Sep 21, 2013 Don't let anything break you
by Donna Lampkin Stephens
This is not how Sara Stovall planned to spend the fall of 2013.
Stovall, a May graduate of Conway High School, was supposed to be playing volleyball now for Arkansas Tech, which signed her to a scholarship in her sport. The 5-foot-11 outside hitter had started for Laura Crow’s Lady Cats for the last three years, and she earned all-state honors as a sophomore and senior.
But instead of starring on the court for the Golden Suns this fall, Stovall is at home in Conway, taking nine hours of online instruction in between every-other-week chemotherapy treatments.
Her opponent now is cancer.
By the middle of July, Stovall had finished shopping for her move to Russellville and had begun packing for her freshman year. Her summer had been filled with workouts in anticipation of college volleyball.
But she woke up one night and felt a lump in her neck. As Crow recounted it, Stovall woke her mother, Frankie. Her doctor was concerned enough to order a CAT scan; ultrasounds and biopsies eventually yielded a diagnosis of Hodgkin’s lymphoma.
According to mayoclinic.com, Hodgkin’s lymphoma is a cancer of the lymphatic system — part of the immune system. Cells in the lymphatic system grow abnormally and may spread beyond it. The disease is treatable, and those diagnosed have the chance for a full recovery.
If his daughter had to get cancer, Stovall’s father, Curtis, said, this was one to get.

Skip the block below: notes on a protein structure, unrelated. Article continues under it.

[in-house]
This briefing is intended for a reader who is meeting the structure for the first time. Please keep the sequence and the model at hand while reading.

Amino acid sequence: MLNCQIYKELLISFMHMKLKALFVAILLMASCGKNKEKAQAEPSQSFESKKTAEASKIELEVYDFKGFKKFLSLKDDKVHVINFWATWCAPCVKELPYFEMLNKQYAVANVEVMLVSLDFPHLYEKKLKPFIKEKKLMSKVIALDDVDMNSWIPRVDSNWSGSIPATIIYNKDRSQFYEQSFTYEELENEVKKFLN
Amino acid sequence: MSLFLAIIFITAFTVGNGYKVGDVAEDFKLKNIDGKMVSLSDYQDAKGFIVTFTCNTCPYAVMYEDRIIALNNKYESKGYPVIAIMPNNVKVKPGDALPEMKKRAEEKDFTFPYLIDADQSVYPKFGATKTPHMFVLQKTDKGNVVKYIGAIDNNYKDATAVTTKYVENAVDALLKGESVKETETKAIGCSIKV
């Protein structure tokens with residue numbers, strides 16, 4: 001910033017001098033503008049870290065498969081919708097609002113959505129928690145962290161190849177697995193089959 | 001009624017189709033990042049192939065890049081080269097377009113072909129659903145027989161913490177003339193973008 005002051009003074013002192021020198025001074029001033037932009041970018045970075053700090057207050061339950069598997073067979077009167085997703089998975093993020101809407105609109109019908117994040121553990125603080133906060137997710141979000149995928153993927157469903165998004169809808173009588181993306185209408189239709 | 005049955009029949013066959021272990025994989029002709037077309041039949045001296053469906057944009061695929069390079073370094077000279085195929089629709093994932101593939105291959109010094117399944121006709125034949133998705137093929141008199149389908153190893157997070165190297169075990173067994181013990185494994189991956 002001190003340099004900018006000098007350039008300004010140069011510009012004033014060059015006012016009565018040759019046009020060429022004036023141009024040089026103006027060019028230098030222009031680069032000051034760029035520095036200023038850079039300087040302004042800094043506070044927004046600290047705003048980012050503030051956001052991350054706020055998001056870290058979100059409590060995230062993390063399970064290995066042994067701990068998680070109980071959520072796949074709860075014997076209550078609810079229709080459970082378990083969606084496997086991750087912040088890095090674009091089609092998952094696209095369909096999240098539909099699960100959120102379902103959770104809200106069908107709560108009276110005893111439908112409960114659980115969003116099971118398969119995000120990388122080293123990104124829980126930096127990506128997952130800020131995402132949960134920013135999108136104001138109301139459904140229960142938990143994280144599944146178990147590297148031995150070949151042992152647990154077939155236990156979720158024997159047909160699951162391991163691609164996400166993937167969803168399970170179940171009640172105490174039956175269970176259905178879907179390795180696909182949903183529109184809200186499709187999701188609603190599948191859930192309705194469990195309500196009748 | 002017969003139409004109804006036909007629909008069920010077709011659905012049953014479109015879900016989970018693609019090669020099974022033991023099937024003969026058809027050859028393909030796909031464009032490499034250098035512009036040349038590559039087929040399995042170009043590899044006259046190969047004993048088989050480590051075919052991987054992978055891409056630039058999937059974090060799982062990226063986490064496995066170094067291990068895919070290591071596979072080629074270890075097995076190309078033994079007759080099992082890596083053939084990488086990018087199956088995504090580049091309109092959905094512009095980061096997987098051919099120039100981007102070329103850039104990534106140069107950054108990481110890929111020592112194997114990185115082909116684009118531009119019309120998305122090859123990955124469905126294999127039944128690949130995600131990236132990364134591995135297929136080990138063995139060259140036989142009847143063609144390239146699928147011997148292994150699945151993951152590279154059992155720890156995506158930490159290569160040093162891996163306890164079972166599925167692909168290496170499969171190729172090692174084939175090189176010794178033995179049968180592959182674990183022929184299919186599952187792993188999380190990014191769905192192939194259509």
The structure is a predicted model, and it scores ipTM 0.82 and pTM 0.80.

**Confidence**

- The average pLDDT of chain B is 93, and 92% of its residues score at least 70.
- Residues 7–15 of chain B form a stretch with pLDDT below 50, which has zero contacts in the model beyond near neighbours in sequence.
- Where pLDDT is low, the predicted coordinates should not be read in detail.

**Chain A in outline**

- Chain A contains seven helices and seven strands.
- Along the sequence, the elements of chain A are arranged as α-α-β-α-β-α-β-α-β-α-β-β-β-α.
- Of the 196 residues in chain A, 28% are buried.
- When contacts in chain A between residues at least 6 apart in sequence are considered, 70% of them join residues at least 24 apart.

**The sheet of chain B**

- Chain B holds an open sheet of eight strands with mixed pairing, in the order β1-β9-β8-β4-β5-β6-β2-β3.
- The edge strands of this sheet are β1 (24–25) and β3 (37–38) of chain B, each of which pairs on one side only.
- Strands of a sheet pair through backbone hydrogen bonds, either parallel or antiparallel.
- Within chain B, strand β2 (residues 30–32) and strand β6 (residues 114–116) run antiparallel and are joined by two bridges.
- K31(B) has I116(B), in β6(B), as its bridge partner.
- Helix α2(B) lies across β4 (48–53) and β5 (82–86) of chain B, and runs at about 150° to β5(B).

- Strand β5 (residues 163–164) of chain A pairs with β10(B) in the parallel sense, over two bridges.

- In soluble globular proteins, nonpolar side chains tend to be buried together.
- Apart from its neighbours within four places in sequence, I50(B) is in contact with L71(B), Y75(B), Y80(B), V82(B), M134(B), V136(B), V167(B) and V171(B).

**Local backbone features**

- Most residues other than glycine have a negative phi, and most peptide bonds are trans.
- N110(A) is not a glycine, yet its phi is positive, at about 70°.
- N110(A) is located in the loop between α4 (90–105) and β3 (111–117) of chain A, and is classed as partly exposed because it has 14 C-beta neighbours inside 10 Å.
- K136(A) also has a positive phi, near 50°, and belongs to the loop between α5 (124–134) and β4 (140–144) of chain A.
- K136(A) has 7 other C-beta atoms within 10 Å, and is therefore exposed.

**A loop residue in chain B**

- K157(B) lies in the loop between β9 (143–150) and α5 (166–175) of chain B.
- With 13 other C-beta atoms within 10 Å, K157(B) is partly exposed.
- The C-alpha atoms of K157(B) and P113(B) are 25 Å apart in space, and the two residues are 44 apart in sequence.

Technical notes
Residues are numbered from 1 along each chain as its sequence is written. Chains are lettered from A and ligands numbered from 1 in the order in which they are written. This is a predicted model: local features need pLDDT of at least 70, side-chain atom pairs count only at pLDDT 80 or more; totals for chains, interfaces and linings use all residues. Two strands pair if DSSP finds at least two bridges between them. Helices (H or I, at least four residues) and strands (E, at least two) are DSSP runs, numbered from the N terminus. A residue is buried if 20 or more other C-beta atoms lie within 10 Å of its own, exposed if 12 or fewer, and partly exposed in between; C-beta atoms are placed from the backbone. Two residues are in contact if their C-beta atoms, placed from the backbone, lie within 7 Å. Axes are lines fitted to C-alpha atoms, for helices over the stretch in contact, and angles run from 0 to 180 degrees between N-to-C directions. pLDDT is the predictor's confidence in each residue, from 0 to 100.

Frankie Stovall said her daughter was diagnosed at Stage II. According to mayoclinic.com, that means the disease is in two different lymph nodes or in a portion of tissue or an organ and nearby lymph nodes but is still limited to a section of the body either above or below the diaphragm.
“Hers is above the abdomen,” Frankie Stovall said. “The tumor is in her neck, and she has a couple toward her heart, but that makes it easier to treat than those in the stomach.”
She said there was no family history of lymphoma.
“My father had colon cancer, but that was resolved,” Frankie said. “There’s been nothing like this.”
Stovall’s treatment includes chemotherapy every two weeks. At press time, she had had three treatments; she said it usually took five or six days to recover from each one. Side effects, she said, include nausea and hair loss.
She seems to have handled the hair loss well. Before starting chemo, she donated about 12 inches of her brownish-blonde hair to Locks of Love, which provides hairpieces for children suffering from long-term medical hair loss from any diagnosis.
“I figured it was going to be gone anyway, so I might as well put it to good use,” she said. “I had thought about (such a donation) before, but this pushed it. It made it more personal.
“Losing your hair is just another thing to deal with. It’s nothing to stress over.”
Throughout the ordeal, the family’s mantra has become “one day at a time.”
“That’s all you can do,” Frankie said. “Chemo weeks are hard. On opposite weeks, she bounces back and is able to work on some of her online classes.
“I’m trying to encourage her to do the best she can on the days she can. We’ve continued with our life as normal as possible. Her sister (Mary, a junior at CHS) goes to all her a
ctivities; I work.
“We fit chemo in like any other activity.”